LTC Bullet:  What Goes Around, Comes Around:  The IG and Estate Recoveries  

Thursday, December 1, 2005 


LTC Comment:  The DHHS Inspector General will review Medicaid asset transfers and estate recoveries next year.  What's changed since its first such study in 1988? 



LTC Comment:  The Office of Inspector General of the United States Department of Health and Human Services has announced its intent to study whether states are adequately enforcing Medicaid transfer of assets and estate recovery requirements.  Here's the relevant section from the agency's 2006 Work Plan. 

"Medicaid Asset Transfers and Estate Recovery Provision for Nursing Home Care 

"We will determine whether States have adequate procedures for determining the appropriateness of beneficiary eligibility for Medicaid nursing home care.  States are required to impose penalties on individuals who transfer assets at less than fair market value within 3 years of applying for Medicaid benefits.  States are also required by Federal law to seek recovery of amounts correctly paid by the State for certain Medicaid beneficiaries.  We will also review State procedures for recovery of payment from individual estates to determine whether States are complying with applicable Federal laws and requirements.  (OAS; W-00-06-31113; various reviews; expected issue date:  FY 2006; new start)" 

To review the OIG's entire Work Plan for 2006, go to   

The last time the Inspector General did a comprehensive study of Medicaid long-term care eligibility, asset transfers, and estate recovery, I directed it and wrote the report.  It was titled "Medicaid Estate Recoveries" and published in June 1988.  I am very pleased to announce that after being out of print for many years, that report is once again available at  Many pages of the report were copied cock-eyed, but they are readable.  Here's an excerpt: 

"Medicaid estate recoveries are only the tip of the iceberg.  Current estate recoveries are only $42 million per year.  Because of statutes and policies which exempt home equity and discourage estate recoveries, the Medicaid program recovered only $42 million last year from estates.  It is reasonable to ask how much might be recovered to help care for the needy if the statutes and policies encouraged estate recoveries.  The home equity of the elderly is $750 billion in the U.S.  . . .  During 1985, this country spent $35 billion on nursing home care.  Thus, the annual cost of nursing home care is 4.7 percent of the elderly's home equity.  At any given time, however, only 5 percent of the elderly reside in nursing homes.  We know that Alzheimer's Disease, Parkinson's and stroke--the debilitating illnesses which fill America's nursing homes--afflict rich and poor alike.  Therefore, it is not unreasonable to believe that much of the long-term care funding crisis could be resolved by harnessing the home equity of the elderly.  Using recommendations made in this report, home equity conversion could be achieved with a minimum of disruption to the families of the stricken."  (p. 49) 

Isn't it fascinating how little has changed since that assessment of the problem over 17 years ago?  The numbers are bigger.  Seniors' home equity has at least doubled and probably tripled given the latest boom in housing values.  Nursing home costs have tripled too.  But home equity is still untapped for long-term care, Medicaid estate planning remains rampant, estate recoveries are still insignificant, few people buy LTC insurance, and Medicaid is closer than ever to collapse.  In the meantime, we're nearly two decades closer to the Age Wave that will engulf Medicaid even before it swamps Medicare and Social Security.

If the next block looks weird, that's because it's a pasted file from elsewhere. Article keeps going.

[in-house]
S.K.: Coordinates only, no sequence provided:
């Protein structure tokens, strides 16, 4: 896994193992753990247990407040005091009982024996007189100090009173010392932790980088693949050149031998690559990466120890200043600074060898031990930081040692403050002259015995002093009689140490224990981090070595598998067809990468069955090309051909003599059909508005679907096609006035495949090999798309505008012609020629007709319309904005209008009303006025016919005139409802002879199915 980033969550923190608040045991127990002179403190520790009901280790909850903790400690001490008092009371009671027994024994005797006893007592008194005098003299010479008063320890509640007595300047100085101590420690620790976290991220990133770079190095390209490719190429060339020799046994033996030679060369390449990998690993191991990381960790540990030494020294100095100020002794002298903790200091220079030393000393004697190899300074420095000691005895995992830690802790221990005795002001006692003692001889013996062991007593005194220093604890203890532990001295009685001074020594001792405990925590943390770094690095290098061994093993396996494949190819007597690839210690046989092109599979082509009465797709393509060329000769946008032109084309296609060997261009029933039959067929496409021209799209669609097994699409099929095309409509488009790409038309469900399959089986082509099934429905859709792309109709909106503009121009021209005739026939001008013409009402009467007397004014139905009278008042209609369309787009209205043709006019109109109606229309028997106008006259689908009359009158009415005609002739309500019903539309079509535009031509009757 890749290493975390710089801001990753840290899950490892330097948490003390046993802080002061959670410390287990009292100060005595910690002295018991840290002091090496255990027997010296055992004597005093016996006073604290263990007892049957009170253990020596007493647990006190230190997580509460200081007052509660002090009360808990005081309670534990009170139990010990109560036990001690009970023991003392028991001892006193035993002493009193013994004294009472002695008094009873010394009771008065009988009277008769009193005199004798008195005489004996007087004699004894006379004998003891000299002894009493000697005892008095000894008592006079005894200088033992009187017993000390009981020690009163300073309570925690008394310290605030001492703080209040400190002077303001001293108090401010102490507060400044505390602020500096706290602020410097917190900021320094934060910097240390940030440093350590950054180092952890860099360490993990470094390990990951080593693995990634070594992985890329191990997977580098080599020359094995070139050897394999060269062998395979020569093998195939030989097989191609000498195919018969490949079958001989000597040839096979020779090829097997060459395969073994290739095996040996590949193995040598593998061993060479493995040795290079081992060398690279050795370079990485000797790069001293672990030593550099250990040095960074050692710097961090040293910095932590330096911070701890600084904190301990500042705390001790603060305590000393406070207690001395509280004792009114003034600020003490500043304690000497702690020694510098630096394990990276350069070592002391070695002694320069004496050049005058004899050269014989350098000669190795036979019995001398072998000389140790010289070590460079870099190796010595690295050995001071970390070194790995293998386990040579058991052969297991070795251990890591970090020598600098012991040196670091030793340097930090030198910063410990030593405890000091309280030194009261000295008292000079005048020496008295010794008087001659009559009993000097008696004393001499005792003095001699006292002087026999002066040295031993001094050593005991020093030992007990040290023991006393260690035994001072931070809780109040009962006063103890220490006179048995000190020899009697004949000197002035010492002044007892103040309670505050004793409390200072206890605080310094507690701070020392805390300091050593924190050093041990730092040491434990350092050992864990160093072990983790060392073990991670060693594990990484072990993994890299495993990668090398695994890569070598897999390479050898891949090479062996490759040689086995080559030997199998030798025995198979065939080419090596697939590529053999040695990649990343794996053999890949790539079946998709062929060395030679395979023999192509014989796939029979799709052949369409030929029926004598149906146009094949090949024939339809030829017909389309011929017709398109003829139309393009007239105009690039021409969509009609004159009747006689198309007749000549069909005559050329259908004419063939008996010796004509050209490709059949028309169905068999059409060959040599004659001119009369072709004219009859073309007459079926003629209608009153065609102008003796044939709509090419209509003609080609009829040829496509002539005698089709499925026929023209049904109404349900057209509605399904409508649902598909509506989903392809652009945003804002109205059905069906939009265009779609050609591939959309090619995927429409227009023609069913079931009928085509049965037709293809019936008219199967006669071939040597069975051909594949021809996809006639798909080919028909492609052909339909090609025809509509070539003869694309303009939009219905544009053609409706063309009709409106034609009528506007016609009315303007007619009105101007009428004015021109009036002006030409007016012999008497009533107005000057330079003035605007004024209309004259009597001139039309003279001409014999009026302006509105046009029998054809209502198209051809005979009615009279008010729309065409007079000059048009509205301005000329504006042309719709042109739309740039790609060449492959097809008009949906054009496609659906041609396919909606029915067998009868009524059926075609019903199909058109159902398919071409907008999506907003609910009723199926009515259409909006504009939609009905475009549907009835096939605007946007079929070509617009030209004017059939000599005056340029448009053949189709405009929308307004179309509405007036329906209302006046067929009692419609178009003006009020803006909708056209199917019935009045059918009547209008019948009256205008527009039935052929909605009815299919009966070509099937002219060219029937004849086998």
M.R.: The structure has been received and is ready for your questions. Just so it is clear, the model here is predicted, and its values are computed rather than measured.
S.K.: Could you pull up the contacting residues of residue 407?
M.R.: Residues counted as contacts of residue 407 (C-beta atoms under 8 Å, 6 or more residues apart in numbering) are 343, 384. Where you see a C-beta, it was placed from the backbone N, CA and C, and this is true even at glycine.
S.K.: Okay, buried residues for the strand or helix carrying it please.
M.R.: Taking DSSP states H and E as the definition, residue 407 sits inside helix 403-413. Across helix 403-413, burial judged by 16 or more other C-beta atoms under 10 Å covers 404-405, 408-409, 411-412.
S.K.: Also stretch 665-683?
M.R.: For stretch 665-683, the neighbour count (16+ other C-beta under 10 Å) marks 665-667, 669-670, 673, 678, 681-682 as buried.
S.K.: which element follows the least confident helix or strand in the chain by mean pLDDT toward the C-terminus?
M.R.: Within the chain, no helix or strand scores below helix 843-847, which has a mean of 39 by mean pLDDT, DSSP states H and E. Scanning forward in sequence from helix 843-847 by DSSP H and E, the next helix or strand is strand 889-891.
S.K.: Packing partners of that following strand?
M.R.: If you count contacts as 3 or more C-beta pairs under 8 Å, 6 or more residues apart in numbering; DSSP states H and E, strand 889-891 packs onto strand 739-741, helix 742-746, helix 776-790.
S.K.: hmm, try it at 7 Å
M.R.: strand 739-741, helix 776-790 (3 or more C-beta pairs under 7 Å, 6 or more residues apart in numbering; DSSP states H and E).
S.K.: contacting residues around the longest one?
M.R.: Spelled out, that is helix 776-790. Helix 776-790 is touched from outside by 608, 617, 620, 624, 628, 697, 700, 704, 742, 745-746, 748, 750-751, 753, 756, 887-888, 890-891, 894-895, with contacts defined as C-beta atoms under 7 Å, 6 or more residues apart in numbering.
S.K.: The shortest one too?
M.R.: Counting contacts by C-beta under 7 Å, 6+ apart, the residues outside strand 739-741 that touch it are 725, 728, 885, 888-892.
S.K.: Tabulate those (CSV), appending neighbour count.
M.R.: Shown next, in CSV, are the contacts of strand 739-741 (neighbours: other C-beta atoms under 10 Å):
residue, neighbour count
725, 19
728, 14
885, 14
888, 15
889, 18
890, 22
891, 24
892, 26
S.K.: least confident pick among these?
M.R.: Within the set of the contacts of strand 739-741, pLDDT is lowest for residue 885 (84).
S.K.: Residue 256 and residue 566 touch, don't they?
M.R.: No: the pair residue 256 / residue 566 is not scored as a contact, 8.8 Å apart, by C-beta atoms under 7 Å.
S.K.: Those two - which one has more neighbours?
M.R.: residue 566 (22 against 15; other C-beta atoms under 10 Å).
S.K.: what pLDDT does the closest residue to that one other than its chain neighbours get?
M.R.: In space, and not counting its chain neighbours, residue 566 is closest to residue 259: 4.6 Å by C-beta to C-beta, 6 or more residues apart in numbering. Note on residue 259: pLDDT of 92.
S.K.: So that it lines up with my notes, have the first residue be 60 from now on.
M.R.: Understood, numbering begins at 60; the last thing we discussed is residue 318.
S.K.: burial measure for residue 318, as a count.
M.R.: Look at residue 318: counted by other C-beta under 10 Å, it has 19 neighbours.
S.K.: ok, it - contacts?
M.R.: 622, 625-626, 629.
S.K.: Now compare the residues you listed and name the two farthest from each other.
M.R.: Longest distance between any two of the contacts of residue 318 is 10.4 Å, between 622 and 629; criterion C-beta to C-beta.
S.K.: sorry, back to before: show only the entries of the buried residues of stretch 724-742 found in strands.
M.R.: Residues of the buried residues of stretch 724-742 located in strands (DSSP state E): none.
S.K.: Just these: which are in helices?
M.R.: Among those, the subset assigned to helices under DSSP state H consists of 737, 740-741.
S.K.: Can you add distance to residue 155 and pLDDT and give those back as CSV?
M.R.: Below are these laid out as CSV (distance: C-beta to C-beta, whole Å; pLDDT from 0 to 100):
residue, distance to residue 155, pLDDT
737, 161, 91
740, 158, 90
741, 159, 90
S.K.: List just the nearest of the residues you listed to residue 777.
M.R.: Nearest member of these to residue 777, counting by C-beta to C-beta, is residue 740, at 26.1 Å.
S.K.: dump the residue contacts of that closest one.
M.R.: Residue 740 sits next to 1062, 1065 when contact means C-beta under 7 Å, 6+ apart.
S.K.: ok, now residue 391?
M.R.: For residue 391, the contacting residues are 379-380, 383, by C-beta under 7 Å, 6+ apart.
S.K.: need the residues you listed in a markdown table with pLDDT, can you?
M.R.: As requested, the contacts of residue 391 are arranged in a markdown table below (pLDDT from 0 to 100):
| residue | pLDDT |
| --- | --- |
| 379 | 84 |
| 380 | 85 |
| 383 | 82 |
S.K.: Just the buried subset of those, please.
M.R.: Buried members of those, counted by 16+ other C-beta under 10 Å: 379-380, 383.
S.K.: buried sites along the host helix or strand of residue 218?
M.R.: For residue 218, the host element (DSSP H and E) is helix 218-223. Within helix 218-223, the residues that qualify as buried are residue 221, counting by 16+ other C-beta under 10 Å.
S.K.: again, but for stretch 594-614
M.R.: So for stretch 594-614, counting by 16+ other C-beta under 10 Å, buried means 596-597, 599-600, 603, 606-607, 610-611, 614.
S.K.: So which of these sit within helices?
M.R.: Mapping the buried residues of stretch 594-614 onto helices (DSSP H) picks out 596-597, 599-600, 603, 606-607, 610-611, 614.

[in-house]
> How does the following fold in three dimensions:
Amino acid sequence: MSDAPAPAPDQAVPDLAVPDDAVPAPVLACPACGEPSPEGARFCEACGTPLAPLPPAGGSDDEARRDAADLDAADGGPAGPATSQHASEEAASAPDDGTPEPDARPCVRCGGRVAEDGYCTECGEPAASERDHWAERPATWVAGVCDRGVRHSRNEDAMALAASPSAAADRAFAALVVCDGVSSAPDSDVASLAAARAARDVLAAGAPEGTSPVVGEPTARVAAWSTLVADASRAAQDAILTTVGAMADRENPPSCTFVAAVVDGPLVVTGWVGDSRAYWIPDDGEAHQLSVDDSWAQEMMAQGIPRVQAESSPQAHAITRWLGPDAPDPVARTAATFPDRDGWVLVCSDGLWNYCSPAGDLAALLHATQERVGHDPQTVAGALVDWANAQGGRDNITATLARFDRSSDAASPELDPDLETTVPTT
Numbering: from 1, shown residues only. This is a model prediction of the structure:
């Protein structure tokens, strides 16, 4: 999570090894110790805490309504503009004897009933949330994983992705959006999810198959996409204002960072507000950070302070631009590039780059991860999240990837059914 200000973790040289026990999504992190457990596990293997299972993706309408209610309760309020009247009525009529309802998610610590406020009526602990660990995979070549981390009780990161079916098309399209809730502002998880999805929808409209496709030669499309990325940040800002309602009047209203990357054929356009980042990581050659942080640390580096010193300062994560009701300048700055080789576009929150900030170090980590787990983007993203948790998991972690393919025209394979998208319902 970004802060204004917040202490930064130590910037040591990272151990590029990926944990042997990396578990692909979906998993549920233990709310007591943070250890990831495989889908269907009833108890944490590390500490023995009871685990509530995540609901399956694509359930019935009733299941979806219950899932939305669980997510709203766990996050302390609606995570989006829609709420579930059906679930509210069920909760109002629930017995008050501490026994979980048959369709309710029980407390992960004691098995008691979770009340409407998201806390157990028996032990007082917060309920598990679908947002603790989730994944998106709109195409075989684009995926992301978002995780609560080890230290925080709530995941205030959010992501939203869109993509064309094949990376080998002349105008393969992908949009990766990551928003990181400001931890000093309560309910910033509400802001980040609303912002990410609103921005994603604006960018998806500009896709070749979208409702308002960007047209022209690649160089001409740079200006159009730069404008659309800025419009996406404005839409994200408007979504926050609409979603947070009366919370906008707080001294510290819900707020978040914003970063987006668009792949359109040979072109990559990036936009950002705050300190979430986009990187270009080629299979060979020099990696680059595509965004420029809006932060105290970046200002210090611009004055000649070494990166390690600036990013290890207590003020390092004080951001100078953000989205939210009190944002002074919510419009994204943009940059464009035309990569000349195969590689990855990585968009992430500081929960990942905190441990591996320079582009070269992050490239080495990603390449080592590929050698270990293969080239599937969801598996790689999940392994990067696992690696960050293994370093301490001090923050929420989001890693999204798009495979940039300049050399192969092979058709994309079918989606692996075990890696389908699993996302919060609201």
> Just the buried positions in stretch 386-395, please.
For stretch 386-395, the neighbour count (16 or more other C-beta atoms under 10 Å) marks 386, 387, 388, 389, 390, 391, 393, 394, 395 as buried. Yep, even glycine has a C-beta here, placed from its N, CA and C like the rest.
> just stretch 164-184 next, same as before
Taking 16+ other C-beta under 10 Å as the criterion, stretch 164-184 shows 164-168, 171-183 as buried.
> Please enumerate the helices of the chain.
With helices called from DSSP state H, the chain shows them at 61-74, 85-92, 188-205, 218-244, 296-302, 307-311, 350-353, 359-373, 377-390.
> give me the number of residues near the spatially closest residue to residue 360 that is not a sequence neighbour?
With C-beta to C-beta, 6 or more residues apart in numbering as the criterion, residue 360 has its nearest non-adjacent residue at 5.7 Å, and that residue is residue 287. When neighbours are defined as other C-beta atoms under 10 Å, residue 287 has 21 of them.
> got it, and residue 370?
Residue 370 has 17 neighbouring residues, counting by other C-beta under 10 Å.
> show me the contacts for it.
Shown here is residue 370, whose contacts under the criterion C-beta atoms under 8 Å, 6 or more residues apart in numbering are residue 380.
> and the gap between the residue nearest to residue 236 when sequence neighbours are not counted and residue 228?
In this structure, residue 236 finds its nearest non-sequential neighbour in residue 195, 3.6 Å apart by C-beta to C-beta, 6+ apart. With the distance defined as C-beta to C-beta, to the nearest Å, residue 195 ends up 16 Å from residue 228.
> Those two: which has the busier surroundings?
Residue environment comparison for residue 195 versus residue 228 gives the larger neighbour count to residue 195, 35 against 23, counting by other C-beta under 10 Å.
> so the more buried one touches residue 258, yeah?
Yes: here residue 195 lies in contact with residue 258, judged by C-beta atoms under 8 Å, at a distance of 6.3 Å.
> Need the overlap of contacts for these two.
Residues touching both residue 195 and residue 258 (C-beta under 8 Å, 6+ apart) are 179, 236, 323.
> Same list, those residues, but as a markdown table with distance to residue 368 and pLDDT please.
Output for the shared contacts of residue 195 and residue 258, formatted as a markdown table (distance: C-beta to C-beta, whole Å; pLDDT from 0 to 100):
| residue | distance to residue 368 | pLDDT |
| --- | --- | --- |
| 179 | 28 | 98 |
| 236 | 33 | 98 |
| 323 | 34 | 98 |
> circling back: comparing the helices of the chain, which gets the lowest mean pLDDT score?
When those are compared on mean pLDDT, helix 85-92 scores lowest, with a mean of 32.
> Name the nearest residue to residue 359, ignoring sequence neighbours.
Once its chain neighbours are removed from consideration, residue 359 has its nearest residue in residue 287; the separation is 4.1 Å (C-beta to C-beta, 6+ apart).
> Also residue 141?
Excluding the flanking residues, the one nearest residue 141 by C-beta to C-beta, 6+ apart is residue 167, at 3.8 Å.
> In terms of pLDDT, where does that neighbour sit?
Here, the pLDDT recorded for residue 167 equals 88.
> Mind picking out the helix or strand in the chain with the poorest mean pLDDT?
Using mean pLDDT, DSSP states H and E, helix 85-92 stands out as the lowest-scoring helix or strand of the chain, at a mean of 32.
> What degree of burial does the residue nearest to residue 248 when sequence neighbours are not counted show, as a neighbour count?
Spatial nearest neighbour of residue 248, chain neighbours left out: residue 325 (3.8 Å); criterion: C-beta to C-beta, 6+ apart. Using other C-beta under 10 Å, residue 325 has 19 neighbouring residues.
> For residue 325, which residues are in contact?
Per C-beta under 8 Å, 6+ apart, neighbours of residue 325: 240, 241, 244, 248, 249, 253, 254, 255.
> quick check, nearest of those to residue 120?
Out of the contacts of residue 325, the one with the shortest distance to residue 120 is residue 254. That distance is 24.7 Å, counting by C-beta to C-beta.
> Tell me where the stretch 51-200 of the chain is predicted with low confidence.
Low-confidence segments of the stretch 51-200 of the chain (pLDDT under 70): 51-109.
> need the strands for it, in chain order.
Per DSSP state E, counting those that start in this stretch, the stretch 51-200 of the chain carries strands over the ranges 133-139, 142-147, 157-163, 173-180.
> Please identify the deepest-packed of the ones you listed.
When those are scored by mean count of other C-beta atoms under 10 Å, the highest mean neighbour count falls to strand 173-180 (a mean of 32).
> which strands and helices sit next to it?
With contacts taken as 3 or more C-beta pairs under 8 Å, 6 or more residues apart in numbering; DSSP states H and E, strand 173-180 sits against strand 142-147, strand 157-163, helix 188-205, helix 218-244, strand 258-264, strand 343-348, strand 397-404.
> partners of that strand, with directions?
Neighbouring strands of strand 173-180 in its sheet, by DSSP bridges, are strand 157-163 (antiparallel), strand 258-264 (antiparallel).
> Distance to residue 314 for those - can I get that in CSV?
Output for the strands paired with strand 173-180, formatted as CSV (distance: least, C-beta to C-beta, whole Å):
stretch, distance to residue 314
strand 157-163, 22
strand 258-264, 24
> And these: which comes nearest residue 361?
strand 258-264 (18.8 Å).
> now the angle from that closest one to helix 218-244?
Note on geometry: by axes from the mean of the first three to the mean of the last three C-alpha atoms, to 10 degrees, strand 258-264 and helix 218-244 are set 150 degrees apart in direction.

Many of the recommendations in the 1988 Inspector General Medicaid Estate Recovery report have been implemented, although unfortunately, they have not been adequately enforced.  Transfer of assets restrictions were made mandatory in the Medicare Catastrophic Coverage Act of 1988 (MCCA '88).  Spousal impoverishment protections were also implemented in MCCA '88.  Medicaid estate recoveries became mandatory in the Omnibus Budget Reconciliation Act of 1993, which also made transfer of assets restrictions longer and stronger.  Nevertheless, exasperated when these and other measures did not restrain Medicaid's explosive LTC costs, Congress outlawed asset transfers in the Health Insurance Portability and Accountability Act of 1996.  When that "throw granny in jail" law backfired, Congress repealed it and passed the "throw granny's lawyer in jail law" as part of the Balanced Budget Act of 1997.  But that proved unenforceable, so Medicaid costs continued and still continue to explode.  At long last, Congress is once again tackling the issues of Medicaid planning and asset transfers as we've been covering in the Center for Long-Term Care Reform's publications.  But proponents and beneficiaries of the status quo like AARP are fighting efforts to fix these problems. 

Clearly, the problems with Medicaid and long-term care financing identified in the Inspector General's original 1988 report are still with us.  The biggest difference is that we have at most one decade to fix them now instead of three back then.  If you care about how America will pay for the baby boomers' long-term care, I'm proud to recommend that old study as a good place to begin analyzing the problem and seeking the solution. 

Steve Moses